19th Century Porters

One nice thing about doing research for a book: it forces you to absorb information that would otherwise just wash through your brain. For example, although I have read Martyn Cornell's great history of porters, it didn't sink in until this morning what he was actually saying. Porters have been around for nearly 300 years, but the ones we drink now don't taste the same as ones brewed in London in 1800. Why? It's the malt.
"It also used highly dried brown malt, which gave a roast flavor to the beer. Henry Stopes, a nineteenth-century malting expert wrote in Malt and Malting, of the making of 'brown, blown, snap, or porter malt,' talking about how the porter malthouses .... burnt faggots of beech-wood or oak under the wet malt to dry it, going slowly at first until almost all the moisture has been driven from the malt, then building up the firs so that the sudden violent heat makes the malt grains burst like popcorn."
Porters throughout most of the 1700s were brewed entirely from brown malt. From about 1790 on, the recipes called for a declining percentage of brown malt, but it was still a key to the character of porter. In 1817, Daniel Wheeler invented a method of roasting malt at 400 degrees to make a black malt; he took a patent out on the process, and that's where we get "black patent" malt. This made it possible to stain a beer black with only a tiny amount of dark malt--the balance could be made up in brown and pale malts. The percentage of brown malt used in the grist continued to decline over the 19th century as mild ale began to supplant porter.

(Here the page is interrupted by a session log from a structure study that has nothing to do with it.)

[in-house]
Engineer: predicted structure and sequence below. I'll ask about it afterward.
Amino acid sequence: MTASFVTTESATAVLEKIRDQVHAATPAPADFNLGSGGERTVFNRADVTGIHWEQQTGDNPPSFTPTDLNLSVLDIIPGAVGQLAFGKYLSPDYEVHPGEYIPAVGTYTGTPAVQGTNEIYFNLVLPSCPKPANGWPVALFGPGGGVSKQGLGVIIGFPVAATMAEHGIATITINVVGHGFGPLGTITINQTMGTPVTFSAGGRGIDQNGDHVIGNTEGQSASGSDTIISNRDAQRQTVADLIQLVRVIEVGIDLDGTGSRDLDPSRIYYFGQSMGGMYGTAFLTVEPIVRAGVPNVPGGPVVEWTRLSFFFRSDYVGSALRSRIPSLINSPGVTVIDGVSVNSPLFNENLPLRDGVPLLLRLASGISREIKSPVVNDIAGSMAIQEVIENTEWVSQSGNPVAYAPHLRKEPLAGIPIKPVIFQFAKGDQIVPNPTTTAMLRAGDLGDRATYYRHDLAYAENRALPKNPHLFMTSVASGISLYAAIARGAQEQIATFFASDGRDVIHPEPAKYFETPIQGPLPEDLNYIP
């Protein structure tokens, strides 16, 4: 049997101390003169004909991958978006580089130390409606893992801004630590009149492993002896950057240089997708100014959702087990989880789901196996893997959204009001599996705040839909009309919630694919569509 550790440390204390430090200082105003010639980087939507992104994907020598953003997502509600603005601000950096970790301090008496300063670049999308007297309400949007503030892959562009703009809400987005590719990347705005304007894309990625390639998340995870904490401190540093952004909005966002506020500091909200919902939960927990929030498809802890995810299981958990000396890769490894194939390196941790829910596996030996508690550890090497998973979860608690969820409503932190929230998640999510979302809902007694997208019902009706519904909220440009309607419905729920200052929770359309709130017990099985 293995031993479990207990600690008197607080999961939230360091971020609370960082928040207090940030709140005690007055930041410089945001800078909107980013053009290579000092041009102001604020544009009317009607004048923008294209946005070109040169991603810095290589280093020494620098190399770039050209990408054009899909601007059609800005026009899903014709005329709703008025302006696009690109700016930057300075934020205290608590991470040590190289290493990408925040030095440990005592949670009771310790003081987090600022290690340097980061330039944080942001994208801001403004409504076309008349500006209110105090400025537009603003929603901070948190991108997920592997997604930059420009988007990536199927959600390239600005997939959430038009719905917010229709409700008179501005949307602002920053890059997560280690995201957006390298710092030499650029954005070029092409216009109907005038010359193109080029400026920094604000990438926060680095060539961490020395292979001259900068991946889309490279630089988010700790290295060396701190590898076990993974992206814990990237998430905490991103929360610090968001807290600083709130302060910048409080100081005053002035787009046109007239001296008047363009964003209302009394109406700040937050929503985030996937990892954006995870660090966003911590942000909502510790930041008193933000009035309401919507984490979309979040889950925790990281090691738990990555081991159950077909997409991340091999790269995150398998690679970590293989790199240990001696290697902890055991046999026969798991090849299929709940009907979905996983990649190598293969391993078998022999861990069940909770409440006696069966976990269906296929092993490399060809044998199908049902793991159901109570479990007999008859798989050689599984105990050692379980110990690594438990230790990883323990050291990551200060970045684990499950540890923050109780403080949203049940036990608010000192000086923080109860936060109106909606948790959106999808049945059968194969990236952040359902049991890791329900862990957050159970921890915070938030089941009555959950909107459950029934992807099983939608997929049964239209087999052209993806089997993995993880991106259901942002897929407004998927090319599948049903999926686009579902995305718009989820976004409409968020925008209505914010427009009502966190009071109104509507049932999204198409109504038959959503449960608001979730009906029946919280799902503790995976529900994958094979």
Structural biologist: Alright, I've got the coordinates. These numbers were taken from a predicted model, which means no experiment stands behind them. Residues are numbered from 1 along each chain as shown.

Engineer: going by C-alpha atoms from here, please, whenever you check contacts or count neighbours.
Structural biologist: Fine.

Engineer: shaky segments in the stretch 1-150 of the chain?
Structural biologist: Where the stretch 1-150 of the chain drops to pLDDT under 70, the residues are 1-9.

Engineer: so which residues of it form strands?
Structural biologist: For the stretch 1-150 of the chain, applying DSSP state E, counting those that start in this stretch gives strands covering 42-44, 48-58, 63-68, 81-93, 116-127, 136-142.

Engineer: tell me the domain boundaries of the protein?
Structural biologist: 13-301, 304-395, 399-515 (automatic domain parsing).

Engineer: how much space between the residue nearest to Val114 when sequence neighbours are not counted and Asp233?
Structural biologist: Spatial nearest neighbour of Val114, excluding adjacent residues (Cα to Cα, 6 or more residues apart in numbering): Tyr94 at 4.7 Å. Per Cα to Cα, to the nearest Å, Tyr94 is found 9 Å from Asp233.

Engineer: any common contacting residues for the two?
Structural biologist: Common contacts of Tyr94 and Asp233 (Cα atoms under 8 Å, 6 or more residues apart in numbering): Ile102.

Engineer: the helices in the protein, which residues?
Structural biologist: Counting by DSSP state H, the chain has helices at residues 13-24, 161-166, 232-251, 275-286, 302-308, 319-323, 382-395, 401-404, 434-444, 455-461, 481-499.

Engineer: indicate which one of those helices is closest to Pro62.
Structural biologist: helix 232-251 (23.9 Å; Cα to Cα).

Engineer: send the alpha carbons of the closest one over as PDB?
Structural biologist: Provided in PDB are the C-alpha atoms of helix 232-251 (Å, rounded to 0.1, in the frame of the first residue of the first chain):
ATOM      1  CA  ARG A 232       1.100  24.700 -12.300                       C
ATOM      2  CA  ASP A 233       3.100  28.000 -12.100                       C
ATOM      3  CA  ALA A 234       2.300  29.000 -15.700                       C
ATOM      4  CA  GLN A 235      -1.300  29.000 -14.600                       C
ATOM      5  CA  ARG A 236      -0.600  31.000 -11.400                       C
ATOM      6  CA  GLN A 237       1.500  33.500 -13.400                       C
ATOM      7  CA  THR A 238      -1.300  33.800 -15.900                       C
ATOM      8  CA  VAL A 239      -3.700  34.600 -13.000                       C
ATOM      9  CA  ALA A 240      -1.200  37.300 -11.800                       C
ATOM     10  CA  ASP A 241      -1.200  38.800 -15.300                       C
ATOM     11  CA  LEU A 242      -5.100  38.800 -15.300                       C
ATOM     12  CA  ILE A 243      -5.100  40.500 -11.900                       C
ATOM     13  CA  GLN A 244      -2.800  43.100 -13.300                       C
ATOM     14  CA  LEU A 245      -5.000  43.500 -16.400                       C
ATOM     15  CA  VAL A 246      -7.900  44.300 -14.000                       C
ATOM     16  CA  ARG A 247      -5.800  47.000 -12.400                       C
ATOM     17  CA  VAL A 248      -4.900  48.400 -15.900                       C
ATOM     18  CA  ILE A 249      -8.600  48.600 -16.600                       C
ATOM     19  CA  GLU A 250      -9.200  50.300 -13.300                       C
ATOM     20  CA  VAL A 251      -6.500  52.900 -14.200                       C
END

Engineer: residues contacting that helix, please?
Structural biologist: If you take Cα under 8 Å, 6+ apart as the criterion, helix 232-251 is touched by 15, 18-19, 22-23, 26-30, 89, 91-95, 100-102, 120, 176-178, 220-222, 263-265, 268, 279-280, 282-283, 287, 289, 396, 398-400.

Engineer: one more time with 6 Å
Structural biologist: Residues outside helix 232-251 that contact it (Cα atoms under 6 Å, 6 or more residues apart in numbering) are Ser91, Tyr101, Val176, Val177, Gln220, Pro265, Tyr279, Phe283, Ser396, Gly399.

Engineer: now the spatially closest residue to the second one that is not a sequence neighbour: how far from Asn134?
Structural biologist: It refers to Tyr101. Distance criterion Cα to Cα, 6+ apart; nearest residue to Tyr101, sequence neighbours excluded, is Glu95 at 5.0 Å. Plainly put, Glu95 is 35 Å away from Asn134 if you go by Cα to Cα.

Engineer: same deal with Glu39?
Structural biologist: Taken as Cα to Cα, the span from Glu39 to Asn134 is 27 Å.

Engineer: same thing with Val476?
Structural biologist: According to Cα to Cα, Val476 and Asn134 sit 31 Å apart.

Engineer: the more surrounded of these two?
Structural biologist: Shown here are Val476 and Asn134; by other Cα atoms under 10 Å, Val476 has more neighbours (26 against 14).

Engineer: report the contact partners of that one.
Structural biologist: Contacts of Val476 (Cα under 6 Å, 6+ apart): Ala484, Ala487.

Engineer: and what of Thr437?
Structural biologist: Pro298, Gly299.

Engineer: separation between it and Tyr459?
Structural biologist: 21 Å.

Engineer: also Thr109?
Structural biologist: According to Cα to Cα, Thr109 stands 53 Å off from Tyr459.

So, forget that silly recent news about Washington's porter. If you wanted to brew an actual Victorian porter, you'd need to track down some of that funny old brown malt (different, I assume than this brown malt). Or make it. And you'd also need to find a cask somewhere and put the beer in there with some brett* for about a year (or more) if you wanted the really authentic stuff.

*As Osh points out in comments, this is an unnecessarily oblique reference. I've been swimming in this stuff lately, and I forget not everyone is looking over my shoulder and absorbing the same things. This refers to the wild yeast brettanomyces, which was resident in wooden vats of British beer until sometime in the 20th century. It actually takes the name from Britain ("brett"), where scientists first isolated it. It takes awhile to kick in, so beer aged briefly or not at all ("mild" or "running") would have been unaffected.